'Pompeii, The West Side of the Street of Tombs...', 1841.
© National Media Museum / Science & Society Picture Library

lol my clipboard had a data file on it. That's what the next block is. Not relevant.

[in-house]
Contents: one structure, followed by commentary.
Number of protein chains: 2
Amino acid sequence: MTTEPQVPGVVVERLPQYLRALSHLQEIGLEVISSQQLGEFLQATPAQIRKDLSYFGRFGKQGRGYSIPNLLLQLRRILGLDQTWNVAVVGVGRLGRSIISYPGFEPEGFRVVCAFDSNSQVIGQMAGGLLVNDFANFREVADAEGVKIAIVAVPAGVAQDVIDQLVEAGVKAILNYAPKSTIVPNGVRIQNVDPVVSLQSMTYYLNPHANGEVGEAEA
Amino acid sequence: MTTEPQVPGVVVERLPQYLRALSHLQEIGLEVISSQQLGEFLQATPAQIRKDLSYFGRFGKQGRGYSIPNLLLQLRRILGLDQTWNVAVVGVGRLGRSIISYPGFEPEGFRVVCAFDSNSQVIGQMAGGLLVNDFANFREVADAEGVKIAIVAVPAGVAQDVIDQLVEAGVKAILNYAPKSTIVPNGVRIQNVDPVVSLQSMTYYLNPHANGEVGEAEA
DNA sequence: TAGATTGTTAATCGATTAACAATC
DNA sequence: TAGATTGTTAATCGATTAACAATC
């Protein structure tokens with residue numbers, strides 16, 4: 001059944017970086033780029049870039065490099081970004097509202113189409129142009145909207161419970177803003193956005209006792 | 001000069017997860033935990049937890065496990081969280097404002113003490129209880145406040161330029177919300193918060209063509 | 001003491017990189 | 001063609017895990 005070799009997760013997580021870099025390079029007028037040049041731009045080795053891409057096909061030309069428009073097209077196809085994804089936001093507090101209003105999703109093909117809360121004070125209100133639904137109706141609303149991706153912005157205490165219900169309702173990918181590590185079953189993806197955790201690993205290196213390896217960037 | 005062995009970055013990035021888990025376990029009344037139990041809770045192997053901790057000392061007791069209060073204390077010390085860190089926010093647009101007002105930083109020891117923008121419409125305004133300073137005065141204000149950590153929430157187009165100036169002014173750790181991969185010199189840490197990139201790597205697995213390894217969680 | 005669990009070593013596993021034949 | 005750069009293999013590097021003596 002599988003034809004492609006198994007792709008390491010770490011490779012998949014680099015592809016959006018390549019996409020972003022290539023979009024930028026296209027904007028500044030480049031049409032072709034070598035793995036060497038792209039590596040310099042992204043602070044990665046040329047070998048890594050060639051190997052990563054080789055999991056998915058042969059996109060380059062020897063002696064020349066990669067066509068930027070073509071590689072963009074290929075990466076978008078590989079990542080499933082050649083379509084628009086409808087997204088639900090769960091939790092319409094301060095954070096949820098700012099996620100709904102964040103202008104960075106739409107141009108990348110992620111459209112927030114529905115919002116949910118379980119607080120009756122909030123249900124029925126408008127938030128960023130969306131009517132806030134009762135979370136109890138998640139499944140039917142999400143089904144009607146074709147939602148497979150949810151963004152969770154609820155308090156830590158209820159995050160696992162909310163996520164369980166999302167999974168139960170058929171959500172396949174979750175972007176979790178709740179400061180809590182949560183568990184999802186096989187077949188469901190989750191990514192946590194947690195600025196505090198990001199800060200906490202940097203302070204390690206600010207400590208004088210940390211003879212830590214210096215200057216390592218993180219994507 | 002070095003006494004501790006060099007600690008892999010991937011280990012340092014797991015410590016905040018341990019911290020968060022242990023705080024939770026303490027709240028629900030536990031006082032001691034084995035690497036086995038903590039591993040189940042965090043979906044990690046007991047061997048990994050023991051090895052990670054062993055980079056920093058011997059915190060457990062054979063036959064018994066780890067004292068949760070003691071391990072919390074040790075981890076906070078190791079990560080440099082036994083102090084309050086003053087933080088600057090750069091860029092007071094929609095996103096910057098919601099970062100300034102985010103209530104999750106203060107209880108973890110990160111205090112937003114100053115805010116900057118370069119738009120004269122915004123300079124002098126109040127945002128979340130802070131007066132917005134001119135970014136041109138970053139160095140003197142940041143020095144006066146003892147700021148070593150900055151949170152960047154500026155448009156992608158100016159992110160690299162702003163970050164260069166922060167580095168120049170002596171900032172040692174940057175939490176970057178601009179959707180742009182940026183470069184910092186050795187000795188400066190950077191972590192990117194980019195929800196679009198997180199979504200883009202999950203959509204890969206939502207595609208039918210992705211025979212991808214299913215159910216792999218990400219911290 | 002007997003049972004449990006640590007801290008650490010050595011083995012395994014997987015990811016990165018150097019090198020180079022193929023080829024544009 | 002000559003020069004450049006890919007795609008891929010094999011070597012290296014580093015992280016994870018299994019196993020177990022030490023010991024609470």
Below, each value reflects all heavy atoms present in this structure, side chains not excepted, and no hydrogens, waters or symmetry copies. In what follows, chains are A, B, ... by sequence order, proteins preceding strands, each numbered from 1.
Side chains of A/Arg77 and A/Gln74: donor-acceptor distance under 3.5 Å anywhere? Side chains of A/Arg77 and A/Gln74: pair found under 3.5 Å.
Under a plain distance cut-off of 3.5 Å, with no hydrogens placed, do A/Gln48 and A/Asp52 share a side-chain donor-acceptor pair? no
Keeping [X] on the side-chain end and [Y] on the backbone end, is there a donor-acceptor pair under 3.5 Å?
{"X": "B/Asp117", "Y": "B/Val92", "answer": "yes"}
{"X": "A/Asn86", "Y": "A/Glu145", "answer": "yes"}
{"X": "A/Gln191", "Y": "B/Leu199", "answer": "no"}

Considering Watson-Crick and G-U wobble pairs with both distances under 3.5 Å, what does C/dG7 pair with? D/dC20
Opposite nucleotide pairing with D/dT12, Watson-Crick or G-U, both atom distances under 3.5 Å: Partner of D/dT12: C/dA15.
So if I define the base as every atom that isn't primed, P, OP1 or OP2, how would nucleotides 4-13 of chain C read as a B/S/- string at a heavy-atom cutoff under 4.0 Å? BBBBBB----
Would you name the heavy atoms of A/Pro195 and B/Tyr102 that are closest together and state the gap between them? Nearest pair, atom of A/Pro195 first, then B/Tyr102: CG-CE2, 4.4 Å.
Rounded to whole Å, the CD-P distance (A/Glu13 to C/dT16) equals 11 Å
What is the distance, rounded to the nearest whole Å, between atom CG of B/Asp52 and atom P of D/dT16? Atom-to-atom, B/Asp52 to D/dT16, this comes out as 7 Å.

A daguerreotype of the Street of Tombs at Pompeii, Italy, by Alexander John Ellis. Romans were forbidden to bury their dead inside a town. Tombs were therefore placed beside the roads leading out of a town. At Pompeii these tombstones line the road leading from the Herculaneum Gate. Pompeii, a prosperous Roman city on the Bay of Naples, was destroyed by the eruption of nearby Mount Vesuvius in 79 AD. Preserved beneath volcanic ash the city was rediscovered in 1748, its excavation sparking the late eighteenth century interest in Classical design. Ellis made eight daguerreotypes in Pompeii between April 21 and May 12, 1841, also making daguerreotypes in nearby Paestum at the same time. The full title of the daguerreotype is 'Pompeii, The West Side of the Street of Tombs with the remains of the Ancient Inn'. Ellis toured Italy in 1841, taking daguerreotype panoramas, landscapes and architectural views. In Rome, he worked with Achille Morelli and Lorenzo Suscipi, acquiring 45 daguerreot